My experience is from scanning transparencies using CCD based film scanners, mostly Velvia and Provia. The way I worked was that I shot film, developed at a pro lab. Sorted the trannies on lightable while still in protective sheets. Scanned the keepers and mounted behind GP-slide mounts. To reduce dust I bought an electrostatic air cleaner essentially supplying clean air to the work area. Keeping the slide holder clean I had little issues with dust and IR-based cleaning worked well for me.
The scanner I used was a Minolta Dimage Scan Multi Pro, at about 3000 USD (it's no longer made), Nikon Coolscan 9000 may be a good alternative that may still be around. I made a couple of large (70x100 cm) enlargements and they are good enough to impress professionals. The main issue is DMAX, especially with Velvia. What I have found that scanning 67 Velvia gives about the same resolution as 24.5 MP DSLR, but the DSLR gives much better image quality. It takes sharpening better, it has many time the density range and is easier to work with.
One observation I may have made is that with my DSLRs bookeh may be an issue. Simply, the lenses I have are pretty sharp but have not really good (actually awful) bokeh. From the 67 camera I have made a print which is not really sharp because of small depth of field, but the main subject has excellent sharpness and the sharpness rolls away very smoothly so that the DOF limitation is hardly noticed.
This is one of the images I printed in 70x100 cm: http://22.214.171.124/ekr/images/ASPLux.tif
(This is a very big TIFF, download and open in Photoshop, please!).
This image is probably the one I have sent to the lab, so it's sharpened for output.
The article below sums up some recent tests I have made:http://126.96.36.199/ekr/index.php/photoa...-sony-alpha-900
Film scanning abides to the "affordable, fast, good quality: pick two" rule. These variables have particularities of their own, such as what you and I consider affordable may differ greatly. Flatbed film scanning is indeed affordable, and can lead to pretty good results for web and small printing. The Epson V700 and V750 scanners are a good bang for the buck, as they offer quality scans for around $600. I've seen great images scanned with the V700 by Portuguese landscape photographer Nană Sousa Dias
The main problem with film scanning is speed. Not primarily that of the scanner, but of the whole workflow. If all cleanliness aspects of the film are followed – no fingerprints, marks, dust – which is something that even the most tidy laboratory worker has problems, it can take anywhere from thirty minutes to two hours to get a decent, well processed scan good for printing. Remember that no scanner can remove dust and scratches from silver-halide black and white negatives, so spotting and retouching is inevitable. Multiply all that work by twelve exposures, and suddenly you find yourself spending more time in front of the computer than outside taking pictures.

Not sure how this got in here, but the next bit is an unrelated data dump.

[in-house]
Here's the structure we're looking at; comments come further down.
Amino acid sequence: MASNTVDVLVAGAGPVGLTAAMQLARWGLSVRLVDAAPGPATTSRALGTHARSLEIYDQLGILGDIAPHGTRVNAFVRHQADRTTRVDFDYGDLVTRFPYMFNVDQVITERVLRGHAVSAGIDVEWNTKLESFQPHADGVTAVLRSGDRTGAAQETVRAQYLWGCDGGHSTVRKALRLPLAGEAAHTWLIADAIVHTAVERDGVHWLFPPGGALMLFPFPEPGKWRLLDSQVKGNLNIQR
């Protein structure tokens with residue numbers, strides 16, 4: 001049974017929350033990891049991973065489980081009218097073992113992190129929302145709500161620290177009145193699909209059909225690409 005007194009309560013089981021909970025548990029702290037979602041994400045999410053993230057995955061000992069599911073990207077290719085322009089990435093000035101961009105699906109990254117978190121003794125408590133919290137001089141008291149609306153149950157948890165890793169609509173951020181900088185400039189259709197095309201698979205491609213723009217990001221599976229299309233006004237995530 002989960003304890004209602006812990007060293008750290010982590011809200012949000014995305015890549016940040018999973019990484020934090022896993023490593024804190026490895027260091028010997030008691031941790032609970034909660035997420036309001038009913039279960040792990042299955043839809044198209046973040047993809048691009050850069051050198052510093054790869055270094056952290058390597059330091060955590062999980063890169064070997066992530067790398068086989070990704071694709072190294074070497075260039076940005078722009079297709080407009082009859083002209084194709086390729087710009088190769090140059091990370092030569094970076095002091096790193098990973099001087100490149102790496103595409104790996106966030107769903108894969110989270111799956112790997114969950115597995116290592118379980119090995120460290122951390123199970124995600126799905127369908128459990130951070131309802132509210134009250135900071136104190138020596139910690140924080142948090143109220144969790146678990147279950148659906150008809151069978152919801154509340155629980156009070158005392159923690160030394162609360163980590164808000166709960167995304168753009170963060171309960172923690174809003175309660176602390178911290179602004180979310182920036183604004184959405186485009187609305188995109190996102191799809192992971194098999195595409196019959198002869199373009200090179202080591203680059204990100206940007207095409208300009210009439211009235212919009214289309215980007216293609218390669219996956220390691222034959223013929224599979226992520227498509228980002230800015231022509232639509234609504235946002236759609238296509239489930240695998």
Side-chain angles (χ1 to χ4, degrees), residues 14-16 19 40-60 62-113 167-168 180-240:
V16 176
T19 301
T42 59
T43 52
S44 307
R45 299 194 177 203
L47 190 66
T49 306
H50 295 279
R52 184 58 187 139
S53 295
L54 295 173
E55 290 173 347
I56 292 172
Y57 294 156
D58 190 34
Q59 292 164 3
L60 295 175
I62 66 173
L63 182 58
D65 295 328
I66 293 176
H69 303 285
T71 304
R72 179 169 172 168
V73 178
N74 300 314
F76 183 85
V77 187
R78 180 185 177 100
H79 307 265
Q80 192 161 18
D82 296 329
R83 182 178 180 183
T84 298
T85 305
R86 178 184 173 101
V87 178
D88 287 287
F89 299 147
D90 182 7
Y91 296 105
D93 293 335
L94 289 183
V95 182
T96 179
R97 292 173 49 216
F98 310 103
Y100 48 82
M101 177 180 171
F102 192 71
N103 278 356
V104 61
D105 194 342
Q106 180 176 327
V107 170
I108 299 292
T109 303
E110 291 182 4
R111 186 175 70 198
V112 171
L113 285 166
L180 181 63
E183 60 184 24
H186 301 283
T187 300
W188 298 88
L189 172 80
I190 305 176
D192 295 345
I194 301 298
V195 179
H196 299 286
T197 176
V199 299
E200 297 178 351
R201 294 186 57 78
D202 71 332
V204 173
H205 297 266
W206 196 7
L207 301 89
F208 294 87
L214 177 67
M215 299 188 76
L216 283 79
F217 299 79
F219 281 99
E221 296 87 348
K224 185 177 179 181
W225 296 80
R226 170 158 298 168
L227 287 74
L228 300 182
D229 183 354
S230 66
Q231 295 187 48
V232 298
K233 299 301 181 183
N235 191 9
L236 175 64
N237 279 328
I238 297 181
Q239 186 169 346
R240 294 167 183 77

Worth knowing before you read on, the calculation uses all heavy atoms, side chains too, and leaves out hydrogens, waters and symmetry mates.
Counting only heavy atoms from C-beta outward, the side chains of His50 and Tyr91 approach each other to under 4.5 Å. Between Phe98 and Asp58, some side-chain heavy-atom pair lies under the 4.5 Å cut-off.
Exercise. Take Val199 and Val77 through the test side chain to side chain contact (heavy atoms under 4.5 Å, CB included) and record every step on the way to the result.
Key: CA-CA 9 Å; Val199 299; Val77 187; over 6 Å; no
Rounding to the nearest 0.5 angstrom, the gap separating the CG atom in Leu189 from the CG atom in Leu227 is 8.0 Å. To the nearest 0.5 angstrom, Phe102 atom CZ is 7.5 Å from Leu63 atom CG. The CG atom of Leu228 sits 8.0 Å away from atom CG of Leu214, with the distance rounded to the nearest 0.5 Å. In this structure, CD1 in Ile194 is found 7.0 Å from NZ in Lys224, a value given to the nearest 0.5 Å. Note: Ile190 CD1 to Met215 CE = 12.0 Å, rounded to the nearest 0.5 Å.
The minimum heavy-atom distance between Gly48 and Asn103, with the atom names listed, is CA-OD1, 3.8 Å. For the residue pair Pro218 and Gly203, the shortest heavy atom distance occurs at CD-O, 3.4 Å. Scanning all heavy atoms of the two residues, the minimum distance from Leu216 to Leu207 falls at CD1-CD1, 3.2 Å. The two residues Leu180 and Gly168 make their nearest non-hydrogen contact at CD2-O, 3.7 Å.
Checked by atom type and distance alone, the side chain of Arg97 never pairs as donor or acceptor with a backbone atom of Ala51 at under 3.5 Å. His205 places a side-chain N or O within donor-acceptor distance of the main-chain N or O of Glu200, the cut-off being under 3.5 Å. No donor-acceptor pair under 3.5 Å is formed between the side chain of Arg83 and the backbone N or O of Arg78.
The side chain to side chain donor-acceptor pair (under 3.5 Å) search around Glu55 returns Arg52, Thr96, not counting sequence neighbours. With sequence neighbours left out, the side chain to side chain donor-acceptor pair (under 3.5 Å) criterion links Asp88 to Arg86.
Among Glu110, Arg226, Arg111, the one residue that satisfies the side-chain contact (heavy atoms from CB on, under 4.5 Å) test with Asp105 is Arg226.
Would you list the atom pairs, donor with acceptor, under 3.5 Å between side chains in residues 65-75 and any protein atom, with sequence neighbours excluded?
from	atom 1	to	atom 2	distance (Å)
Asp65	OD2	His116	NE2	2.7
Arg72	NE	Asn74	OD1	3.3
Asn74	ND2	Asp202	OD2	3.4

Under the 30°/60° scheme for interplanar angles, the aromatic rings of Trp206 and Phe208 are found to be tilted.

Considering that you want to develop in-house, add up all the effort, time and expenses of chemical mixing, storage, and darkroom maintenance. If you shoot sparingly, you might want to gather a couple dozens of rolls to develop all at once, and thus use fresh chemicals rather than keeping them stored for extended periods of time. In the end, it might be actually faster to have them processed externally than doing it at home. Of course, if the personal involvement aspect is of great importance, none of this will matter.
If you have a complete darkroom, with development and enlarging equipment, I suggest sticking with contact prints and small enlargements. If a picture deserves a large print, send it out for drum-scanning. Though you pay the steep price, the quality is worth it and the hassle is minimum. If you don't have an enlarger, the Epson scanners might be a good starting point, though drum-scanning may be needed for large prints.
In the end, when you think it'll take a couple of minutes and some effort to scan film, you actually find out you've spent the last two hours trying to get it right, you've neglected your spouse or family member's cry for attention, the magic hour lights are long gone and all you do is curse Adobe. I like going through that some, but not all, times.